Impact of Citrate Ions on the Nucleation and Growth of Anhydrous CaCO3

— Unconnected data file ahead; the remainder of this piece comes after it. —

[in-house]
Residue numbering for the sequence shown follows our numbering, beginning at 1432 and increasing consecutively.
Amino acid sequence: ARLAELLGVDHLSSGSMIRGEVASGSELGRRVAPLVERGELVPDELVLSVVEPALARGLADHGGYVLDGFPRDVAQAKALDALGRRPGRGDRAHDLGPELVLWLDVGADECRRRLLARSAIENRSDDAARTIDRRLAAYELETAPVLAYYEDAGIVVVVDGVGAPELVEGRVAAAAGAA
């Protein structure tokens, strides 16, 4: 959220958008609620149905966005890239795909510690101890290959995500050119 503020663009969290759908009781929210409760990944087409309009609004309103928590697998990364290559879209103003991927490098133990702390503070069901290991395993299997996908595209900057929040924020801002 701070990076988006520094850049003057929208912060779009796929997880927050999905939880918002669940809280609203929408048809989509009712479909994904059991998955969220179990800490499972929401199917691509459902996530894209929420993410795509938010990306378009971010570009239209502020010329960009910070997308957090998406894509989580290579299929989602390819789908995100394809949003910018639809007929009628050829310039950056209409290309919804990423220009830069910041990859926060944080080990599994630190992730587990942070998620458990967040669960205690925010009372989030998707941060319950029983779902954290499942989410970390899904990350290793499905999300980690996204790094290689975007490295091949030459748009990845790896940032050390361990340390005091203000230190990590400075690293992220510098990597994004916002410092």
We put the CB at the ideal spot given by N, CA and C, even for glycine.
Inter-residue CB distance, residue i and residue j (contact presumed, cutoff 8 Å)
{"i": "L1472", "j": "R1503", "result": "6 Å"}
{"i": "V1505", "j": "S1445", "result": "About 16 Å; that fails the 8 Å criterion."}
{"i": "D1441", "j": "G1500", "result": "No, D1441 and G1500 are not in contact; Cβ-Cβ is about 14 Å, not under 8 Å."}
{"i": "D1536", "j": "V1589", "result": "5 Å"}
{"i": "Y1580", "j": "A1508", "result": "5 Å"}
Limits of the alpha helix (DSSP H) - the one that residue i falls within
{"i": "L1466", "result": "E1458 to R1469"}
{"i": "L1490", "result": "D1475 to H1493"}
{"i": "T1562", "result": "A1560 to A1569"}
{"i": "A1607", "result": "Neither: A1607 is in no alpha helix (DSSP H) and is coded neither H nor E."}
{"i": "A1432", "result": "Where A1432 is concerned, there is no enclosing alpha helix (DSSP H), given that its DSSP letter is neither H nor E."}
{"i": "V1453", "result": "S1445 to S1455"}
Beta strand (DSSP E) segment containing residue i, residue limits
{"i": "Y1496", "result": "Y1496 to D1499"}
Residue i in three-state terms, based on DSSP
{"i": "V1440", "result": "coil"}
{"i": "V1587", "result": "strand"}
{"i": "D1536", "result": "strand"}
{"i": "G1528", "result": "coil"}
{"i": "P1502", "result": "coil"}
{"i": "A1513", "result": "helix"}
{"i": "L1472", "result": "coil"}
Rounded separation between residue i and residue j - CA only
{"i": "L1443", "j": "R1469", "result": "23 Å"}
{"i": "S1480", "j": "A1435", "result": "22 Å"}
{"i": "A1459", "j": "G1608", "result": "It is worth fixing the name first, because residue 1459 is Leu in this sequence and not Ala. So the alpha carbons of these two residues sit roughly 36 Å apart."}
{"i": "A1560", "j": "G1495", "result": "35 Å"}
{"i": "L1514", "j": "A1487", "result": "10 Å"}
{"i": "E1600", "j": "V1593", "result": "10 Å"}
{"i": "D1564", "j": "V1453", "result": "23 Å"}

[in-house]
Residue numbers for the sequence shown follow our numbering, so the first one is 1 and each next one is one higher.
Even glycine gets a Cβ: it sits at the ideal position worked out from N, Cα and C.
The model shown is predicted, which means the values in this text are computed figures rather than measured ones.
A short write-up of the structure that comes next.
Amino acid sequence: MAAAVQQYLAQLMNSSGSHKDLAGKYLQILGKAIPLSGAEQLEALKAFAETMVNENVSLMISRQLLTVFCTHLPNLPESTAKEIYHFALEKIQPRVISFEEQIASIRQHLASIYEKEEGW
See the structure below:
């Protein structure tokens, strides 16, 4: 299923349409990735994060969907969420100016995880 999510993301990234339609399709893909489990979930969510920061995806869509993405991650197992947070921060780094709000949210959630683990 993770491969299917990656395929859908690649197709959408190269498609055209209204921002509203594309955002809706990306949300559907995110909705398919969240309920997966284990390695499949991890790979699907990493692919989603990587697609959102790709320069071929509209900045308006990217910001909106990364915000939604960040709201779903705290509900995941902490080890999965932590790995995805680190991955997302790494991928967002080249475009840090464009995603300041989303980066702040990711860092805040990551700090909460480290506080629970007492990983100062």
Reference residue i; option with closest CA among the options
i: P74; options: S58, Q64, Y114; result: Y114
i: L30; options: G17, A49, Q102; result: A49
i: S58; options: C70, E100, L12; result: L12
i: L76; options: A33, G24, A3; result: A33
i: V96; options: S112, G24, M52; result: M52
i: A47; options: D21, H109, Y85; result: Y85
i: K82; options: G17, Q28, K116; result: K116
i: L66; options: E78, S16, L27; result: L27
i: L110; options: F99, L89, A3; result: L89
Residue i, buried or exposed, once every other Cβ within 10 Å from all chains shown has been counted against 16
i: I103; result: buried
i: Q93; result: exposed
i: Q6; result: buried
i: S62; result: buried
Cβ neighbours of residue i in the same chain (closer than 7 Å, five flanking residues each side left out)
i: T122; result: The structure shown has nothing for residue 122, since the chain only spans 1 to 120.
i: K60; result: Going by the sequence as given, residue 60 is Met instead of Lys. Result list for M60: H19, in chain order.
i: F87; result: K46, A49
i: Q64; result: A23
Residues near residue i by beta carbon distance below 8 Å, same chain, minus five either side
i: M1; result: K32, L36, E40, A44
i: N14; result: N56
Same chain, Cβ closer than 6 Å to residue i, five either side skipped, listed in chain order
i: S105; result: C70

Citrate has been shown to inhibit CaCO3 growth and it is also found in biogenic calcite, but full understanding about how citrate controls CaCO3 formation, and hence CaCO3 polymorph stability and crystal morphology, is still lacking. We investigated the effect of citrate (CIT) on CaCO3 crystallization by monitoring crystallization rates and crystal polymorph, size, and morphology as a function of increasing mol % CIT/Ca ([Ca2+] = [CO32–] = 4 mM). At CIT/Ca ≤ 50%, both vaterite and calcite formed, but nucleation and growth were retarded as CIT/Ca was increased, demonstrated by the increase in induction time and decrease in the reaction rate constant, fitted using the Johnson-Mehl-Avrami-Kolmogorov model. This is partly explained by increased CIT-Ca complexation with higher [CIT], thus reducing saturation state with respect to vaterite and calcite. Simultaneously, CIT sorption inhibited crystal growth, demonstrated by smaller vaterite spheres and more elongated calcite crystals as CIT/Ca increased. At CIT/Ca ≥ 75%, vaterite formation was completely inhibited, with only elongated calcite forming and growth rate decreased further as CIT/Ca was increased. Overall, citrate inhibited growth rates most at CIT/Ca ≤ 50%, while nucleation was less affected. In contrast, at CIT/Ca > 50%, citrate strongly inhibited nucleation but had less effect on the growth rate. The results illustrate the spectrum of impacts that complexing compounds can have on CaCO3 crystallization, by forming complexes in solution, affecting CaCO3 saturation state, and also by interacting with the crystal surfaces, thereby controlling nucleation and growth. The extent and the type of effect depend on concentration regimes.